Our six Leading Actors agree that the aspects which will have the greatest impact on the digital transformation of the Insurance world will be the user experience, omnichannel distribution, new distribution models and process automation. In the digital environment, the process of attracting customers is highly systematized, which calls for great technological and advertising foresight in order to discover their needs and behaviors. So-called B2C Marketing (Business to Consumer Marketing) is one of the keys to this attraction, as it grants priority to the emotional factor over the rational factor in decision-making. “One of our challenges in digital marketing is understanding both our potential customers and those leaving us, for all the digital channels, devices, and behaviors. We strive to simplify complex relationships with our customers by many means, both digital and traditional,” explains Michael.
From MAPFRE Assistance Australia, Michelle highlights the new ways of interacting with our customers as key to defending our online distribution position and seeking its future growth. “A digital distribution approach will enable us to reduce operational costs without jeopardizing the quality of our service.”
“THERE IS HUMAN RESISTANCE TO TECHNOLOGICAL CHANGE, AS WE TEND TO NOT WANT TO LEAVE OUR COMFORT ZONE. Michelle Camilleri, account manager and e-commerce assistant at MAPFRE Assistance Australia
“No company is so large or so small that it remains unaffected by the forces of digital disruption. Some have undergone radical changes, and those that manage the digital transformation properly are leading the market, and those that don’t, well… they aren’t,” adds Michael.
In MAPFRE, the challenges we are facing will enable us to consolidate a digital culture. Externally, the main one is to take advantage of the benefits of digitization without depersonalizing customer relations. Internally, having a team capable of dealing with this digital challenge.” “Our biggest challenge today is to achieve widespread adoption of the solution and establish the intranet as a useful tool that facilitates communicating, collaborating, and locating people and documentation of interest.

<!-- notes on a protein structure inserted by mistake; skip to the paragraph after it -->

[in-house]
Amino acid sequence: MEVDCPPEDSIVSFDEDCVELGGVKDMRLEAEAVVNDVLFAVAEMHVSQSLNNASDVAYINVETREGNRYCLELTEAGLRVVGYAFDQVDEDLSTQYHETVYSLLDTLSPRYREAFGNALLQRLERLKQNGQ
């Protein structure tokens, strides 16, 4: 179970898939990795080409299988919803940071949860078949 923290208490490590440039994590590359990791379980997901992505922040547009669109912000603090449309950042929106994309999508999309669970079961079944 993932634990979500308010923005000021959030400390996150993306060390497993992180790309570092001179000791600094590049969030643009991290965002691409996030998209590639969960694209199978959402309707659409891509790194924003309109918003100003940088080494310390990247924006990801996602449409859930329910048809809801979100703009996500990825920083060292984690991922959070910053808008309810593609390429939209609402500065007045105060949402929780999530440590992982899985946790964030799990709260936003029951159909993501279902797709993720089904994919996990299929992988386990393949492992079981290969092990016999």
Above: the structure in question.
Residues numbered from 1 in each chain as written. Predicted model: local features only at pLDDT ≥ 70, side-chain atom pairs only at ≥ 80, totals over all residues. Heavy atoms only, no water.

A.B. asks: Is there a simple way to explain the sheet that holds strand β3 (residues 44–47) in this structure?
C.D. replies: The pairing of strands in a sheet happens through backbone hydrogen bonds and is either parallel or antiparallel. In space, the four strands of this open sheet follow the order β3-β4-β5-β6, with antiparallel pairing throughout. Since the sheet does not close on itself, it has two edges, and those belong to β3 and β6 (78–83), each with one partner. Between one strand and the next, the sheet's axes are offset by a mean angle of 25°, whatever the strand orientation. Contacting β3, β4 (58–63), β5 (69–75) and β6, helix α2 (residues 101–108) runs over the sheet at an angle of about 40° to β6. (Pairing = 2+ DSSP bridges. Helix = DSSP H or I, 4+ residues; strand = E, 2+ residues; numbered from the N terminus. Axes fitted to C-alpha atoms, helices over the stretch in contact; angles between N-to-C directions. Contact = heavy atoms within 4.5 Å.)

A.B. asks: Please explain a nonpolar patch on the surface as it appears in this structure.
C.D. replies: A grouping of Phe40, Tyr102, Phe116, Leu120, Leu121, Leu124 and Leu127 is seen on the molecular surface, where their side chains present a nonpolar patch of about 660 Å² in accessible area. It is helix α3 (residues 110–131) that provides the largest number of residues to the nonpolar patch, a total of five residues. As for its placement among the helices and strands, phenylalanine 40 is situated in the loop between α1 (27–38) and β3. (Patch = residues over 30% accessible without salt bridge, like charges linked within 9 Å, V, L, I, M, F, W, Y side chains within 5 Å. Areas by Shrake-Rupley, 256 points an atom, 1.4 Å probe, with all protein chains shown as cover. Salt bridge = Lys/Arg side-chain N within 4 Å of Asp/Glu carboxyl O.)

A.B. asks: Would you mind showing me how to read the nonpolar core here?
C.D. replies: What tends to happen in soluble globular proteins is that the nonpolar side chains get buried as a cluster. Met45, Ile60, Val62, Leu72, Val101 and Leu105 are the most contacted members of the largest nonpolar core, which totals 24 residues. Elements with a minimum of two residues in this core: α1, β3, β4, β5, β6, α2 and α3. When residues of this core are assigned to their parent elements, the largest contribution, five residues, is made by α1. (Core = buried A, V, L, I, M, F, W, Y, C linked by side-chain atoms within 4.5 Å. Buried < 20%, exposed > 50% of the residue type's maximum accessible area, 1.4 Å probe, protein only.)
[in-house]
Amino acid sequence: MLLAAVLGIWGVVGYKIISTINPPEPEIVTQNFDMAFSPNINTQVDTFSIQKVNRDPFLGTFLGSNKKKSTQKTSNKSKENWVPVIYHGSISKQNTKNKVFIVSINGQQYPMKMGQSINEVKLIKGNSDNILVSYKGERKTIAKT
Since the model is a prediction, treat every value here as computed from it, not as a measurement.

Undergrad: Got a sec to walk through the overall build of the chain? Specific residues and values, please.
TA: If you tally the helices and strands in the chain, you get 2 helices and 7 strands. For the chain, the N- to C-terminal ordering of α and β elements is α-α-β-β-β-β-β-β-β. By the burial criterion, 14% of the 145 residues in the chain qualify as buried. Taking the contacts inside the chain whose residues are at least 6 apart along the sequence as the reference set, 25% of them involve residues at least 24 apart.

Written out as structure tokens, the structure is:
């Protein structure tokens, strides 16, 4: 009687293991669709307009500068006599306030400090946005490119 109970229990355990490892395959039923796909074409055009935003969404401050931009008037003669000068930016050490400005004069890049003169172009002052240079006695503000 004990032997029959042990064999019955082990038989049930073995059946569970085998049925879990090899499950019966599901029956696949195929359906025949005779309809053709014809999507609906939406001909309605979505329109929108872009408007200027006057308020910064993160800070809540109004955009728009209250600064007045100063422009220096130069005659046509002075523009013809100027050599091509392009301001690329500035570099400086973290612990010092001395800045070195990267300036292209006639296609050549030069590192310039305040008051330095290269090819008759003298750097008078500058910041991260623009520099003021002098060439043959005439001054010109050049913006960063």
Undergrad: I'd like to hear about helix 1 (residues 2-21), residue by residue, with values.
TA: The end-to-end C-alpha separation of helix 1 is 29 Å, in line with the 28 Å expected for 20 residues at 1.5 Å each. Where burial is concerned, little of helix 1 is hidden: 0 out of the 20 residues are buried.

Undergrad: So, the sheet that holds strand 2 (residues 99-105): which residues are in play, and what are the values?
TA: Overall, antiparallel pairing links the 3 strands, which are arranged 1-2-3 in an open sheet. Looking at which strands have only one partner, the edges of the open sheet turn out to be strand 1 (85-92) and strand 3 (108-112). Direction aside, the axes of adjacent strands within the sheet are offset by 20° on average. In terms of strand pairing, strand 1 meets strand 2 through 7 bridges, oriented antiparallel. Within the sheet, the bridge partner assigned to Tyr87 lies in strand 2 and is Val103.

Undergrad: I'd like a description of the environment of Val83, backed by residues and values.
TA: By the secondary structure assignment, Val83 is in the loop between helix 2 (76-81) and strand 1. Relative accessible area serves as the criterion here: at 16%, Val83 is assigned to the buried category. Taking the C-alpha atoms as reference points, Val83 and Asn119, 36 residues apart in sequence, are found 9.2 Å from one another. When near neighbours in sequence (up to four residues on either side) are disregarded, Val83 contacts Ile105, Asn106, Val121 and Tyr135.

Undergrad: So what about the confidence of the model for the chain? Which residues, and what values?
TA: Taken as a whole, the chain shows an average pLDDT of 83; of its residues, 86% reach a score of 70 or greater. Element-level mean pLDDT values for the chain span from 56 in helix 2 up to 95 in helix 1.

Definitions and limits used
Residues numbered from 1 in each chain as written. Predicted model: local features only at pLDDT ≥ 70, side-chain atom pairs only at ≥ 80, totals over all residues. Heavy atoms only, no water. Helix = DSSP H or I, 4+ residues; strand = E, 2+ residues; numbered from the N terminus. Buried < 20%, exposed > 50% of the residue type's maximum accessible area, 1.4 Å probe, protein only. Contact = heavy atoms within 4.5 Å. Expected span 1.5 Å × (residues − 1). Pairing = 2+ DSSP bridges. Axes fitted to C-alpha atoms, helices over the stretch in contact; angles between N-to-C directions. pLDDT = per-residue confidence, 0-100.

“ON LEAVING HOME, I’M ALREADY REVIEWING ALL MY PERSONAL AND PROFESSIONAL SOCIAL MEDIA ACCOUNTS, MY MAILBOX, THE HEADLINES AND LATEST NEWS ON MARKETING, VERTI’S DIGITAL MARKETING PERFORMANCE INDICATORS…” Michael Scharf, e-commerce team leader, Verti Versicherung AG (Germany)
A lot remains to be discovered… I won’t list the technological, linguistic and operational hurdles we have overcome, as they would fill a book. The key has been the daily work with a team of highly committed people who believe in the potential of the Global Intranet and the benefits it brings to MAPFRE,” says Mónica. As for Rodrigo, he feels that current trends indicate that the customer-centric philosophy is the way to achieve success in business. “The hardest thing is to change the way we think internally and comprehend that we must sell customers what they need, not what we want to sell them.”
“Our main challenge is both human and legacy-driven resistance. There is human resistance to technological change, as we tend to not want to leave our comfort zone. And the most difficult, namely the legacy-driven mindset, so as to be able to undertake the migration, improving and optimizing existing systems, and adapting them to the new digital processes. Sometimes, this can be a barrier to digital progress,” reflects Michelle.
In addition, she stresses what she feels are the most relevant points of the digital evolution: more mobile assistants; a greater number of customers with mobile devices; social media; online forums and negative opinions; or the remarketing solutions that reinforce the channels and the message we send out to our customers.”
Michael goes further: “I guess the hardest thing is to interpret what exactly digital entails in the case of a unit, an area or a company. In what way we need to evolve in order to become digital employees, what transparency means in terms of digitization, how we will interact with customers in the future… There are thousands of unknowns in those questions; in the short term, the view is that things must be clearer and more transparent.”